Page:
Saracens: Islam in the Medieval European Imagination

Saracens: Islam in the Medieval European Imagination

Saracens: Islam in the Medieval European Imagination

Saracens: Islam in the Medieval European Imagination


In the first century of Islam, most of the former Christian Roman Empire, from Syria to Spain, was brought under Muslim control in a conquest of unprecedented proportions. Confronted by the world of Islam, countless medieval Christians experienced a profound ambivalence, awed by its opulence, they were also troubled by its rival claims to the spiritual inheritance of Abraham and Jesus and humiliated by its social subjugation of non-Muslim minorities. Some converted. Others took up arms. Still others, the subjects of John Tolan's study of anti-Muslim polemics in medieval Europe, undertook to attack Islam and its most vivid avatar, the saracen, with words. In an effort to make sense of God's apparent abandonment of Christendom in favor of a dynamic and expanding Muslim civilization, European writers distorted the teachings of Islam and caricatured its believers in a variety of ways. What ideological purposes did these portrayals serve? And how, in turn, did Muslims view Christianity? Feelings of rivalry, contempt, and superiority existed on both sides, tinged or tempered at times with feelings of doubt, inferiority, curiosity, or admiration. Tolan shows how Christian responses to Islam changed from the seventh to thirteenth centuries, through fast-charging crusades and spirit-crushing defeats, crystallizing into polemical images later drawn upon by Western authors in the fourteenth to twentieth centuries. Saracens explores the social and ideological uses of contempt, explaining how the denigration of the other can be used to defend one's own intellectual construction of the world.


And so it came to pass that I was in Baghdad, “among the captives by the river of Chebar” [Ezek. 1:1], the Tigris. This garden of delights in which I found myself enthralled me, for it was like a paradise in its abundance of trees, its fertility, its many fruits. This garden was watered by the rivers of Paradise, and the inhabitants built gilt houses all around it. Yet I was saddened by the massacre and capture of the Christian people. I wept over the loss of Acre, seeing the Saracens joyous and prospering, the Christians squalid and consternated: little children, young girls, old people, whimpering, threatened to be led as captives and slaves into the remotest countries of the East, among barbarous nations.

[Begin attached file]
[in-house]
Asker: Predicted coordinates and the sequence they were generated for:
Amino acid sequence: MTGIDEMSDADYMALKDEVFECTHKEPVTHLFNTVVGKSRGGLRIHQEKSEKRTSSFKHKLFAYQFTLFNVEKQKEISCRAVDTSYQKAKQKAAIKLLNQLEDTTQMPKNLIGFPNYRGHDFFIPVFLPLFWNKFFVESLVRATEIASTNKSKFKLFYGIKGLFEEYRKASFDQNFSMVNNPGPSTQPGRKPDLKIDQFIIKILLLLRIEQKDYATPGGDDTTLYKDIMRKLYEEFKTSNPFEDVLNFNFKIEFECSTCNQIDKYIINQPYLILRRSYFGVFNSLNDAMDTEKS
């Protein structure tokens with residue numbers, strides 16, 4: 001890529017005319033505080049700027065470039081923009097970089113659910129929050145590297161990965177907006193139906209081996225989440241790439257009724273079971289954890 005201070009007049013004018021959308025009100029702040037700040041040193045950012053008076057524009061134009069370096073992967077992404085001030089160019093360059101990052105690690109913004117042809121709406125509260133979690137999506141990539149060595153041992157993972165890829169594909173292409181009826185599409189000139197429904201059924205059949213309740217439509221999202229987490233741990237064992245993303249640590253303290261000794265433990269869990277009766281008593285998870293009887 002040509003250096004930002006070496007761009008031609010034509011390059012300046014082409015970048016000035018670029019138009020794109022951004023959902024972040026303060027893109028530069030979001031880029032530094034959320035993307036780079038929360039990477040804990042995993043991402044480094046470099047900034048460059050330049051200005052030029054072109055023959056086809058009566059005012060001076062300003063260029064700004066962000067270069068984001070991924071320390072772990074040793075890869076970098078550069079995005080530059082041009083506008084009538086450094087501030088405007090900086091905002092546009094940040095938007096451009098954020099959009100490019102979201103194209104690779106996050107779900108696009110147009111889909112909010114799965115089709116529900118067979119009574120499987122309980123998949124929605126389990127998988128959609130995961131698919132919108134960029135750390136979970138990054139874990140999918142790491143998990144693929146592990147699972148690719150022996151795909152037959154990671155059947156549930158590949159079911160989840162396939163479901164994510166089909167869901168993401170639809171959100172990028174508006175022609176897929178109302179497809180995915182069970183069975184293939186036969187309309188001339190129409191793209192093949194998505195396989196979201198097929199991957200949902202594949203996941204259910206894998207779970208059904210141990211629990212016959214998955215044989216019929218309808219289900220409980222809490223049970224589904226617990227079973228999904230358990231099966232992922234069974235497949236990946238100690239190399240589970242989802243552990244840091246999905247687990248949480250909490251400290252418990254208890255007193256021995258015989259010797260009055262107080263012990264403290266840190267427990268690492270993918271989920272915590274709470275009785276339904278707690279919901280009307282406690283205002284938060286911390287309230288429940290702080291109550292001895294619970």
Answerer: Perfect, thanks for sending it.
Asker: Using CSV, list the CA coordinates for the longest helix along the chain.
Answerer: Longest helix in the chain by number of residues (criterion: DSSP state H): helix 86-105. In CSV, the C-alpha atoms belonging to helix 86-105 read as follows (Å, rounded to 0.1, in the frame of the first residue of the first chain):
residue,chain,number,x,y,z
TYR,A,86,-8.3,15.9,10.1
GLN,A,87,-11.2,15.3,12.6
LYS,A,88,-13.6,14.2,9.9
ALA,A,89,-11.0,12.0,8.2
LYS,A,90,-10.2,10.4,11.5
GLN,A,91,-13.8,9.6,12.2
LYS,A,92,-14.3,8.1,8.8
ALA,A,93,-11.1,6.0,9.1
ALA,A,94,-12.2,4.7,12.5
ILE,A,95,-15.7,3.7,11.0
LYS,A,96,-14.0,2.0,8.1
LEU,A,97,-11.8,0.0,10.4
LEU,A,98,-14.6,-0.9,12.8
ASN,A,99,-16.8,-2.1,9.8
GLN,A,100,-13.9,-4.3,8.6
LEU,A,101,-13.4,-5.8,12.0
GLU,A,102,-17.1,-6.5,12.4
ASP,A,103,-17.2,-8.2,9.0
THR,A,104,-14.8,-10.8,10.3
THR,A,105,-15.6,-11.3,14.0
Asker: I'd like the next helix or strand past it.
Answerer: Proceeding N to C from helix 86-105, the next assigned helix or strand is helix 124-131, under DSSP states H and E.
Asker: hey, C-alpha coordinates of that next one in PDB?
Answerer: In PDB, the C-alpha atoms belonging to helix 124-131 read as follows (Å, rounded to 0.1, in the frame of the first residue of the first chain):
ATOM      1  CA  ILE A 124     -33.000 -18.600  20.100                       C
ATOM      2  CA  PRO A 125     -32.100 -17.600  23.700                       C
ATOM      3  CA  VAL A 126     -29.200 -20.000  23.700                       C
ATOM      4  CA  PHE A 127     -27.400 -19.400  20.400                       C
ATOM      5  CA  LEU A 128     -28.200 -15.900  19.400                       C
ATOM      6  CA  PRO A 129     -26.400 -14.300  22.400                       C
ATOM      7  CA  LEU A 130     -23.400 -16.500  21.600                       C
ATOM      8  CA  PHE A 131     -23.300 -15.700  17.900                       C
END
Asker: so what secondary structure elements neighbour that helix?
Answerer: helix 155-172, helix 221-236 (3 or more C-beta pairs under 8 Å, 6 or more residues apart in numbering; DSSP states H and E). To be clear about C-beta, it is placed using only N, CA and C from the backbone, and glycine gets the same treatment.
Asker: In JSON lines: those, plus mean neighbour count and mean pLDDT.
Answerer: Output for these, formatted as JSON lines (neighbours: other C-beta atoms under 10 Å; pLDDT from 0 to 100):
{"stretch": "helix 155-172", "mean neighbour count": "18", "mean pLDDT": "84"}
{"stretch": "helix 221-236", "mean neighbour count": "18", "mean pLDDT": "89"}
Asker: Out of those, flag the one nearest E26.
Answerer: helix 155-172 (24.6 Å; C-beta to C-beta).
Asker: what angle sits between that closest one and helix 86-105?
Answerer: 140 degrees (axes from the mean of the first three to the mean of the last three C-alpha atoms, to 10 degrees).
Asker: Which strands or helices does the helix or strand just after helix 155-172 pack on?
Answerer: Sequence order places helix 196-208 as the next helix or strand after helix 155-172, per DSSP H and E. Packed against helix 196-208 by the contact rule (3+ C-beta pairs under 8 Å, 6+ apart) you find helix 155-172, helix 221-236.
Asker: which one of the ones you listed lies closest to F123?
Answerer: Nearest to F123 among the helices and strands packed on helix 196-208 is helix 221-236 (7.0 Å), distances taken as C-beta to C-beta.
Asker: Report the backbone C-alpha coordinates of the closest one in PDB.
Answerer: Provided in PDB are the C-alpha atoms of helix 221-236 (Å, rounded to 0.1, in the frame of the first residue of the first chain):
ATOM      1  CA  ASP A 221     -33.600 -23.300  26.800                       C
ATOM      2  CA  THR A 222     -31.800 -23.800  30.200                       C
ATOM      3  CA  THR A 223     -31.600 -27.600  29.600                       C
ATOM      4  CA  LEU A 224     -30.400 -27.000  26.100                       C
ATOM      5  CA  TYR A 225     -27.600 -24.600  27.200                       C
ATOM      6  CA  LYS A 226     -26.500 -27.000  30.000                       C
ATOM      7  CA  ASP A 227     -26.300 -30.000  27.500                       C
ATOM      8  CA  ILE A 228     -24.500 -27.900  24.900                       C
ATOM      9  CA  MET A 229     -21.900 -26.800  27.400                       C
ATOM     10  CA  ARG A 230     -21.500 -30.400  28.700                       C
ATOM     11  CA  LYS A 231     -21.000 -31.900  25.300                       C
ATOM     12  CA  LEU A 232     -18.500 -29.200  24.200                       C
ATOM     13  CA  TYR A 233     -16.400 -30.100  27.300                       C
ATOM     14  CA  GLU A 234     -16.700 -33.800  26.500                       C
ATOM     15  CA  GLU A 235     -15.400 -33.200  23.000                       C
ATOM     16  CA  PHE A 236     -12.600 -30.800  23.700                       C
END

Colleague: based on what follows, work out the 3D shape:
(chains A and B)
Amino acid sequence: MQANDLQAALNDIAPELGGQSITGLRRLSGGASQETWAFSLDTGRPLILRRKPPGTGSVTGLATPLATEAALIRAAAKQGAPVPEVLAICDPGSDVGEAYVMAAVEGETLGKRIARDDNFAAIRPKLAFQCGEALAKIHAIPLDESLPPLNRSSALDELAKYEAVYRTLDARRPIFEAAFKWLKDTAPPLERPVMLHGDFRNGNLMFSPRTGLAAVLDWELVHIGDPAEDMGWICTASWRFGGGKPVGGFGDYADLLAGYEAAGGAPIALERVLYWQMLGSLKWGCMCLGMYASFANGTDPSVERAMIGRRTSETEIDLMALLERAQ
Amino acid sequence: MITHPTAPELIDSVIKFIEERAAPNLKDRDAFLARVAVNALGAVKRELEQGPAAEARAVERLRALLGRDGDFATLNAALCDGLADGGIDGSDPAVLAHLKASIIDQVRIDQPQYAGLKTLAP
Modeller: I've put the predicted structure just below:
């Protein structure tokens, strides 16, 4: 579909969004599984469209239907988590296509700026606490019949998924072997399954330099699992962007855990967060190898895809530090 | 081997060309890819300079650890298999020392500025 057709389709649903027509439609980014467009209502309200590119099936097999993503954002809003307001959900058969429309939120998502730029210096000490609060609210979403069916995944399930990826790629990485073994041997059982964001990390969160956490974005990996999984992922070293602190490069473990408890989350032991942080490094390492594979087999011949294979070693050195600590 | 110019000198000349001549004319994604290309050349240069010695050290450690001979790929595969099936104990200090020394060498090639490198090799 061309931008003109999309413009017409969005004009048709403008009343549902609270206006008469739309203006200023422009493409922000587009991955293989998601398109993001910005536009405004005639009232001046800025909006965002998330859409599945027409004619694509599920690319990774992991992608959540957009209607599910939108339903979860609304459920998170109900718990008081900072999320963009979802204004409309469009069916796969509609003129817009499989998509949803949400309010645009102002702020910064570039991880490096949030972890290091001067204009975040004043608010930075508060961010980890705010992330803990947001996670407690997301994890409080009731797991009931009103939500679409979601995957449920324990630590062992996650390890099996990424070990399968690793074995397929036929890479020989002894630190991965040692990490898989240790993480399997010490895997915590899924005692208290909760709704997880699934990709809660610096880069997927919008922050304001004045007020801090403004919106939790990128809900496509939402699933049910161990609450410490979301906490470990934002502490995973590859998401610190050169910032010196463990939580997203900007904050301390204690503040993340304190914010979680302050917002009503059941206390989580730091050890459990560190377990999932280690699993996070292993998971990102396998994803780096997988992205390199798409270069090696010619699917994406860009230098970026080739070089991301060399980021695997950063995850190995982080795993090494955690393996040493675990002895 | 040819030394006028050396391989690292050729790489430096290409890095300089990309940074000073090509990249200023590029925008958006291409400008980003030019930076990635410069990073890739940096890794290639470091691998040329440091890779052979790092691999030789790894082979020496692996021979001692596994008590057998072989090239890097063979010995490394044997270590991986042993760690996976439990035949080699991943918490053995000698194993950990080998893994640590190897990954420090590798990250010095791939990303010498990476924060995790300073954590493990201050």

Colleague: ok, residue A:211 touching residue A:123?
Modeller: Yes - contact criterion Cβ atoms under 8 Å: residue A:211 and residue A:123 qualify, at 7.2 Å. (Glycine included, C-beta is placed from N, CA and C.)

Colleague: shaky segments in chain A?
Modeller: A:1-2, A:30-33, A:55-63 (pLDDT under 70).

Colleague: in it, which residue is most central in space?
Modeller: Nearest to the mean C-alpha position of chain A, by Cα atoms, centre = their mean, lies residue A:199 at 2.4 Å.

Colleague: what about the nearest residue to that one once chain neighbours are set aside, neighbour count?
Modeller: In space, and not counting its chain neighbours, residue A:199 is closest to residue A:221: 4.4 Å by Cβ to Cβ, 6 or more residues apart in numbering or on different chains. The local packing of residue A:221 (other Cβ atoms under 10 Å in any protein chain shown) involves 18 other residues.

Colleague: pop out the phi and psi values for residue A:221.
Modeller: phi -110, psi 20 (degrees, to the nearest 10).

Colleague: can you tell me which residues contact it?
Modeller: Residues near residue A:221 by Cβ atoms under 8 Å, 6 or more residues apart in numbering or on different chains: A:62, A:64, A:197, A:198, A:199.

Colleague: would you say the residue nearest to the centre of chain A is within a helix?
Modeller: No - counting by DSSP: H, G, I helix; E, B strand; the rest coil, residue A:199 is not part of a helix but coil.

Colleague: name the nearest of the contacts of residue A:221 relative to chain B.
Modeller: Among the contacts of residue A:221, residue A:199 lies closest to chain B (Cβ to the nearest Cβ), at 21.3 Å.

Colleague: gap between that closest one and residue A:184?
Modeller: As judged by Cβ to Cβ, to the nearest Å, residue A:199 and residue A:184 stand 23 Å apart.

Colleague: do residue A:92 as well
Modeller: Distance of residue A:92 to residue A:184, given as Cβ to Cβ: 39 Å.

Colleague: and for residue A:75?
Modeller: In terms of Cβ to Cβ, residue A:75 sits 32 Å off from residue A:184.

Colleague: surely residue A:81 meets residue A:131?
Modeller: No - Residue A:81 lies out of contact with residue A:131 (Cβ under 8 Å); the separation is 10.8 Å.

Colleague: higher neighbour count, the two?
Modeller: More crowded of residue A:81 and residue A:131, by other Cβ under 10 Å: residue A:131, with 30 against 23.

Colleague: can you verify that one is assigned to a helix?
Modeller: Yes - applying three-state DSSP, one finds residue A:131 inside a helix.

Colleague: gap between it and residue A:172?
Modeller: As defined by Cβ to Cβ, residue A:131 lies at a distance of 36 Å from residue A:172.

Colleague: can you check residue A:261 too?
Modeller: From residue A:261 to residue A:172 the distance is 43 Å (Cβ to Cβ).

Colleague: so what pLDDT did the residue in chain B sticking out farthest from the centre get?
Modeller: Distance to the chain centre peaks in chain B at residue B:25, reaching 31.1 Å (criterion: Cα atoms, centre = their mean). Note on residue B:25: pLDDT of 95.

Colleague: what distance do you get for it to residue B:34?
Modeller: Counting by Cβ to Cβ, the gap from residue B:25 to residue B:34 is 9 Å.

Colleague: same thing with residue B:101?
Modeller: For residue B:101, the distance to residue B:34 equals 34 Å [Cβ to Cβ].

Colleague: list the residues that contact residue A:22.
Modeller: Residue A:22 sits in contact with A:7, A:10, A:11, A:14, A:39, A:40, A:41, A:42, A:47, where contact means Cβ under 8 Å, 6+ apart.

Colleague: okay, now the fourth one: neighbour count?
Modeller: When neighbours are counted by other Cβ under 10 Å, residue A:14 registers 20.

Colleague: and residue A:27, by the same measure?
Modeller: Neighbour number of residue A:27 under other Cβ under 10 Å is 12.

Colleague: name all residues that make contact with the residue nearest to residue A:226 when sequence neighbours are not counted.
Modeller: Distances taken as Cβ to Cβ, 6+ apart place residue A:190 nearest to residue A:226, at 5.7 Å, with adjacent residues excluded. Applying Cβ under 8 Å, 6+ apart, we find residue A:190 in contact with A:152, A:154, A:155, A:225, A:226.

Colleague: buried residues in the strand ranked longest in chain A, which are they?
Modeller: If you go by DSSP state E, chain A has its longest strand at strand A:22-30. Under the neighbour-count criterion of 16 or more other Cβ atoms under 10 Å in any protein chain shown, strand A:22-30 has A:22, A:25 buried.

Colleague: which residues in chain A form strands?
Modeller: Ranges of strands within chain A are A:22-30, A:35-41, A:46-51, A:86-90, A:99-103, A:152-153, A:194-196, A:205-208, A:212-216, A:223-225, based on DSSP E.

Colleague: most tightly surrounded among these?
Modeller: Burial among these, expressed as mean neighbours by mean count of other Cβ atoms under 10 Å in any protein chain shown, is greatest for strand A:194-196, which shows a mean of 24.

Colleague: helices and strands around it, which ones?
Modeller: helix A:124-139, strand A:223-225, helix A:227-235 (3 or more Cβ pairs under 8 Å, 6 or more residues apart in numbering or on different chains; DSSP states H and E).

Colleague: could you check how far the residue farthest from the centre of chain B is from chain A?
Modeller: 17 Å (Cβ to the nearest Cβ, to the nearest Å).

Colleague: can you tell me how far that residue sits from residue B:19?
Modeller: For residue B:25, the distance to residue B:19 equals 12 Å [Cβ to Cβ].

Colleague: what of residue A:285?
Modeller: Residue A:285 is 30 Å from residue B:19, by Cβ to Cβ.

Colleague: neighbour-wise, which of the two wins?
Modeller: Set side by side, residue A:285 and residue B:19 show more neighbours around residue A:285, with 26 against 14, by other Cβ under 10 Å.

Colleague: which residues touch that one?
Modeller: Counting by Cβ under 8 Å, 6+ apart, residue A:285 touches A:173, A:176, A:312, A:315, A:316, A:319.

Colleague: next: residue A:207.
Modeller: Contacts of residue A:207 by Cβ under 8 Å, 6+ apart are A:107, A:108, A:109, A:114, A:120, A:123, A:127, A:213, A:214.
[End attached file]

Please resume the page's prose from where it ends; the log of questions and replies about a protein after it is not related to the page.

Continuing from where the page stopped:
Suddenly, in this sadness, swept up into an unaccustomed astonishment, I began, stupefied, to ponder God's judgment concerning the government of the world, especially concerning the Saracens and the Christians. What could be the cause of such massacre and such degradation of the Christian people? Of so much worldly prosperity for the perfidious Saracen people? Since I could not simply be amazed, nor could I find a solution to this problem, I decided to write to God and his celestial court, to express the cause of my astonishment, to open my desire through prayer, so that God might confirm me in the truth and sincerity of the Faith, that he quickly put an end to the law, or rather the perfidy, of the Saracens, and more than anything else that he liberate the Christian captives from the hands of the enemies.

—Riccoldo da Montecroce, Epistolae V de perditione Acconis (1291)

RICCOLDO DA MONTECROCE expresses all the ambivalence, the attraction and repulsion, that medieval Latin Christendom felt for the world of Islam. Having come to Baghdad to preach Christianity, he finds himself in awe and admiration of the beauty, the wealth, and (as he says . . .

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